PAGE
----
This year marks the second for a successful nursing program -- which held many on a list to be one of the 36 students allowed in a year.

The college is introducing an emergency medical services course and plans to offer students opportunities to earn additional early childhood degrees.

Student Bea Smith is returning for spring term from an on-again, off-again five-year career as a student. Enrolling for a full-time status of 12 credits, Smith is another statistic that makes up the growing number of CNCC students.

In 2000, the school reported 217 full-time equivalent students compared to an estimated enrollment of 351 this spring. While more students are enrolling for the first time, other part-time students are taking the jump to full-time status.

"I want to go on to get my bachelor's degree so now I'm taking some of the more serious stuff here," Smith said.

As she pushes toward a dream of being a history teacher, Smith signed up for some mandatory classes Wednesday like algebra and English composition.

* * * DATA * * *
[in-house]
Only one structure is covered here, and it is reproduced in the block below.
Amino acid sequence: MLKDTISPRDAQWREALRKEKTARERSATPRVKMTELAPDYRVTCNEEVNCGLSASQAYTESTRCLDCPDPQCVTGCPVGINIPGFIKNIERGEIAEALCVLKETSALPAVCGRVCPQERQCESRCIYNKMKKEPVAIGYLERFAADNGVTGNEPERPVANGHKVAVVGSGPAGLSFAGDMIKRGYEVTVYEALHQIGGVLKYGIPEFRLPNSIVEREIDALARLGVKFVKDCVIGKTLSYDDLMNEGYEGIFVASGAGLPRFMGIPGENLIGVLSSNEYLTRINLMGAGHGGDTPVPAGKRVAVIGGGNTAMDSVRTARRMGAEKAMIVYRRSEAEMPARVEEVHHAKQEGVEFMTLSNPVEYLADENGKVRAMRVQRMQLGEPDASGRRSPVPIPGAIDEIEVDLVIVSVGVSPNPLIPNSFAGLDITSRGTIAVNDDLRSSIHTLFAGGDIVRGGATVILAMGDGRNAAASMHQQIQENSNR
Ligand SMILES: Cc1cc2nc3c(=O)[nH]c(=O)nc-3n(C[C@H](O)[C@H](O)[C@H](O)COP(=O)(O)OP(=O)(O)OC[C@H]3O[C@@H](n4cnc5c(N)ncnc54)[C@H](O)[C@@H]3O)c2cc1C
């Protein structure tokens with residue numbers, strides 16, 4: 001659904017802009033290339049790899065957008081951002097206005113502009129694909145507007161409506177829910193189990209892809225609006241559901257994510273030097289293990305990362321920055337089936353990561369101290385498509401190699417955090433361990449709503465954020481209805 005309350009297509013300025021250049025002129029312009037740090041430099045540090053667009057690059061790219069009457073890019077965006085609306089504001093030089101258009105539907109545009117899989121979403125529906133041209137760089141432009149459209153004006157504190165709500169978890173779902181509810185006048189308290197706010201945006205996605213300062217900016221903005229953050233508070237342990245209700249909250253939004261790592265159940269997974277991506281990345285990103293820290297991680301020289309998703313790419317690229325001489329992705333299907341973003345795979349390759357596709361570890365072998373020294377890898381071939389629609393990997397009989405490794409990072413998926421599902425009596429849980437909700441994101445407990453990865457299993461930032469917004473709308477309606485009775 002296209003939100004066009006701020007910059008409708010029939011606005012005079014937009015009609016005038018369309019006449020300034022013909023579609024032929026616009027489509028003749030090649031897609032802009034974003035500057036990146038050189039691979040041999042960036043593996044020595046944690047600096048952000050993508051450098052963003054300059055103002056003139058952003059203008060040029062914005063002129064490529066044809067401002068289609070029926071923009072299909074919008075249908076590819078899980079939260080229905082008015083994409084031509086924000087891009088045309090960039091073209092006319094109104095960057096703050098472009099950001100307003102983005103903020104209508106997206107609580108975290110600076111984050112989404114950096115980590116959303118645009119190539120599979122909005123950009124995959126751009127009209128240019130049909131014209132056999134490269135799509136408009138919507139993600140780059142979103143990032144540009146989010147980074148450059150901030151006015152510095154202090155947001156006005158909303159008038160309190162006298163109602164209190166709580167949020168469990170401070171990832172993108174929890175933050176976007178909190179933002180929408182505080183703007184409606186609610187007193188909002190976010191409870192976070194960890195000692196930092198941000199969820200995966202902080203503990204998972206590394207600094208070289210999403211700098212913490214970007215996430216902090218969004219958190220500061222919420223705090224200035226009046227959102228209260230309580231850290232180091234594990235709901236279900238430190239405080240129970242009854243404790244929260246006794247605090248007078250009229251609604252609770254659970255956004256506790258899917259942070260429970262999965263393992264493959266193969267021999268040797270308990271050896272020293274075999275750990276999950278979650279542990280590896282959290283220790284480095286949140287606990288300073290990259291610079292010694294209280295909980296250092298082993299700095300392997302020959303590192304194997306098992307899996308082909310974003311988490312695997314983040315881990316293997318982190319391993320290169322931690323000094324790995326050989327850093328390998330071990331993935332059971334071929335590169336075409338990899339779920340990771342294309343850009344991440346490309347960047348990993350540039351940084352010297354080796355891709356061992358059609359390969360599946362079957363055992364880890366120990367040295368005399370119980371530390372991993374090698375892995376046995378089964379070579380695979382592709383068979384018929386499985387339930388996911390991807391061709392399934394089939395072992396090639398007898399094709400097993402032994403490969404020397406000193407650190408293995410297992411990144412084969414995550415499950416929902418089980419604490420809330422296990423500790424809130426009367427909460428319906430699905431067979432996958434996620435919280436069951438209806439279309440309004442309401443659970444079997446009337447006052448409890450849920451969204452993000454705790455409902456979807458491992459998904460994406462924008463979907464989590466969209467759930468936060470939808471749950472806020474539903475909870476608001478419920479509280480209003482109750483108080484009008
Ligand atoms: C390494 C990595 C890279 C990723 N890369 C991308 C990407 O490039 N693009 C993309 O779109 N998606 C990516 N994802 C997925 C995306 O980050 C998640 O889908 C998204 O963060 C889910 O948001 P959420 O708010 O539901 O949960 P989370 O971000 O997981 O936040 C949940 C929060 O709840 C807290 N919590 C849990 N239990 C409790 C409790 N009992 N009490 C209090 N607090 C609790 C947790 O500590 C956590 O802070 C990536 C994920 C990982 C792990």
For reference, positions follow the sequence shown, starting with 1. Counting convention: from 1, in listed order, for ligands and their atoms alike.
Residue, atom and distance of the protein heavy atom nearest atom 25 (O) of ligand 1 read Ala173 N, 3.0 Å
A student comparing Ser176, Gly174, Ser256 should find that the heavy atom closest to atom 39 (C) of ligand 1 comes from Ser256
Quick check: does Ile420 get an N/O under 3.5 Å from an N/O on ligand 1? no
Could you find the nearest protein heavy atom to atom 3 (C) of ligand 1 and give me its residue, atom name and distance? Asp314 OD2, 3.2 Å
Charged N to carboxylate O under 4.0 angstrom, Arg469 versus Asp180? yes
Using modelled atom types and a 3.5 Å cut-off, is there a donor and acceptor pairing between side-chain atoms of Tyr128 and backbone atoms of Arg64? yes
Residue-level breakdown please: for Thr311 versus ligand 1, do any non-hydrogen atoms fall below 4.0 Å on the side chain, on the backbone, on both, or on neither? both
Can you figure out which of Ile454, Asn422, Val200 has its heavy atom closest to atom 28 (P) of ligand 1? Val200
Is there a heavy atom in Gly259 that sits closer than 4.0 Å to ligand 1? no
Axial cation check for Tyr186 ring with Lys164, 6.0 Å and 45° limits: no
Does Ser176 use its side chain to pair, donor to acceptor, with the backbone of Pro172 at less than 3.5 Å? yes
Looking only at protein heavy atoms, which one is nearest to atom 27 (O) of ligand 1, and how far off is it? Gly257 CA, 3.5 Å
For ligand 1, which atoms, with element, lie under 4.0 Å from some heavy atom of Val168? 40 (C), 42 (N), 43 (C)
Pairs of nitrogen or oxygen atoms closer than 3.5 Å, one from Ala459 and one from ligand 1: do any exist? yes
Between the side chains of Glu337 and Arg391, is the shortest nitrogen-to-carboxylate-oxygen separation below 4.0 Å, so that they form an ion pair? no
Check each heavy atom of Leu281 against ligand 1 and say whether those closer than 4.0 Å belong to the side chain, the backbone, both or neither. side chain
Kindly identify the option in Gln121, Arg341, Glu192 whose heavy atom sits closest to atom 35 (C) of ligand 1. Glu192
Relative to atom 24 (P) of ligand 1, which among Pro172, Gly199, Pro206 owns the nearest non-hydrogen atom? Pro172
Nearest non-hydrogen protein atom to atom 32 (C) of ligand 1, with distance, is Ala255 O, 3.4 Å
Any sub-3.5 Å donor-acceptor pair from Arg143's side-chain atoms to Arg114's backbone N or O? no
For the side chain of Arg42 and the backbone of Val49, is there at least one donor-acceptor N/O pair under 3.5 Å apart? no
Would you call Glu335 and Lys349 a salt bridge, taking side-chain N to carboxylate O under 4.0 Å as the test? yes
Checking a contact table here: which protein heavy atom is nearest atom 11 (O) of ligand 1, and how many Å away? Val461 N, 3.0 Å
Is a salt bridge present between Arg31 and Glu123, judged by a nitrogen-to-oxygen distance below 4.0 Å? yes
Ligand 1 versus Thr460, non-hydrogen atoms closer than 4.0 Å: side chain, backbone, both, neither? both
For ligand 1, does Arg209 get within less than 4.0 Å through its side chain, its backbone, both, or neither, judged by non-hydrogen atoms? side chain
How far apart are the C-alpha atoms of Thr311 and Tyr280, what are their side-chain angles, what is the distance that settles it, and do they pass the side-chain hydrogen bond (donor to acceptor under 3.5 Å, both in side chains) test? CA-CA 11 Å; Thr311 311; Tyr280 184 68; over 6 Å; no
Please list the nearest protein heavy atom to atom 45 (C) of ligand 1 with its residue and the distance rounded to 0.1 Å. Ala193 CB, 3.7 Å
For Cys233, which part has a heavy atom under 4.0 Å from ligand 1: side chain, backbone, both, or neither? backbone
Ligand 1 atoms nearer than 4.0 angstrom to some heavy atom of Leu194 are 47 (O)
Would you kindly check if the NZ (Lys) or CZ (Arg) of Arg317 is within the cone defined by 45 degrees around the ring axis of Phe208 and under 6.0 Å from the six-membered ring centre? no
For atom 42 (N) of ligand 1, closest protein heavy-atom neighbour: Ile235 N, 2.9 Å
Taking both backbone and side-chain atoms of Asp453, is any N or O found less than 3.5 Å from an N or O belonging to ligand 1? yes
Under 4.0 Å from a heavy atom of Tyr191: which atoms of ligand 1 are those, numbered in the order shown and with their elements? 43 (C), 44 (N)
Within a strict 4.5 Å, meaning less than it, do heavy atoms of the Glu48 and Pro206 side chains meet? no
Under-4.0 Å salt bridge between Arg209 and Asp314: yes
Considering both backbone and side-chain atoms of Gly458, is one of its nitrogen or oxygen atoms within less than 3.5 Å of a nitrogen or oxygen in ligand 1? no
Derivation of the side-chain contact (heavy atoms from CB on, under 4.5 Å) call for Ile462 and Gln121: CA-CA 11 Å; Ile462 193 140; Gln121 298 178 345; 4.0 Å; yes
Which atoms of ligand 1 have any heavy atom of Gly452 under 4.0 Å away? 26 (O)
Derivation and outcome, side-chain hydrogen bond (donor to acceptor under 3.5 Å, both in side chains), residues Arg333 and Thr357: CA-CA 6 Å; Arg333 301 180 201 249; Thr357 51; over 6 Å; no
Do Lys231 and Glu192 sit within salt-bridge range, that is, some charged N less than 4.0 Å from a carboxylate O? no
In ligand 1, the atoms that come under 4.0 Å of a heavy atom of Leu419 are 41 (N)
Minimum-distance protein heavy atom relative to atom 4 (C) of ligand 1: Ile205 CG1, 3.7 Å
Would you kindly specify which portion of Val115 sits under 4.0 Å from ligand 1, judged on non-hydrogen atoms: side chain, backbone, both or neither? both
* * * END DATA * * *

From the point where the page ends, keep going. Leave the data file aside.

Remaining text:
"A lot of people downplay Craig for being so isolated, but you can use that to your advantage," she said.

While younger student Molly Morse appreciated the small class sizes, she hedged away from enrolling in classes that were held at her former high school and where'd she'd be in the company of high school students earning dual enrollment credits.

Though Morse jumpstarted her college career earning 26 credits while in high school, the thought of enrolling in a class with other high school students was a little weird.

"It would definitely make life easier if they had a new campus," she said. "It would bring a lot more students to Craig. I think Craig needs to grow,"

Amy Hatten can be reached at 824-7031 or ahatten@craigdailypress.com.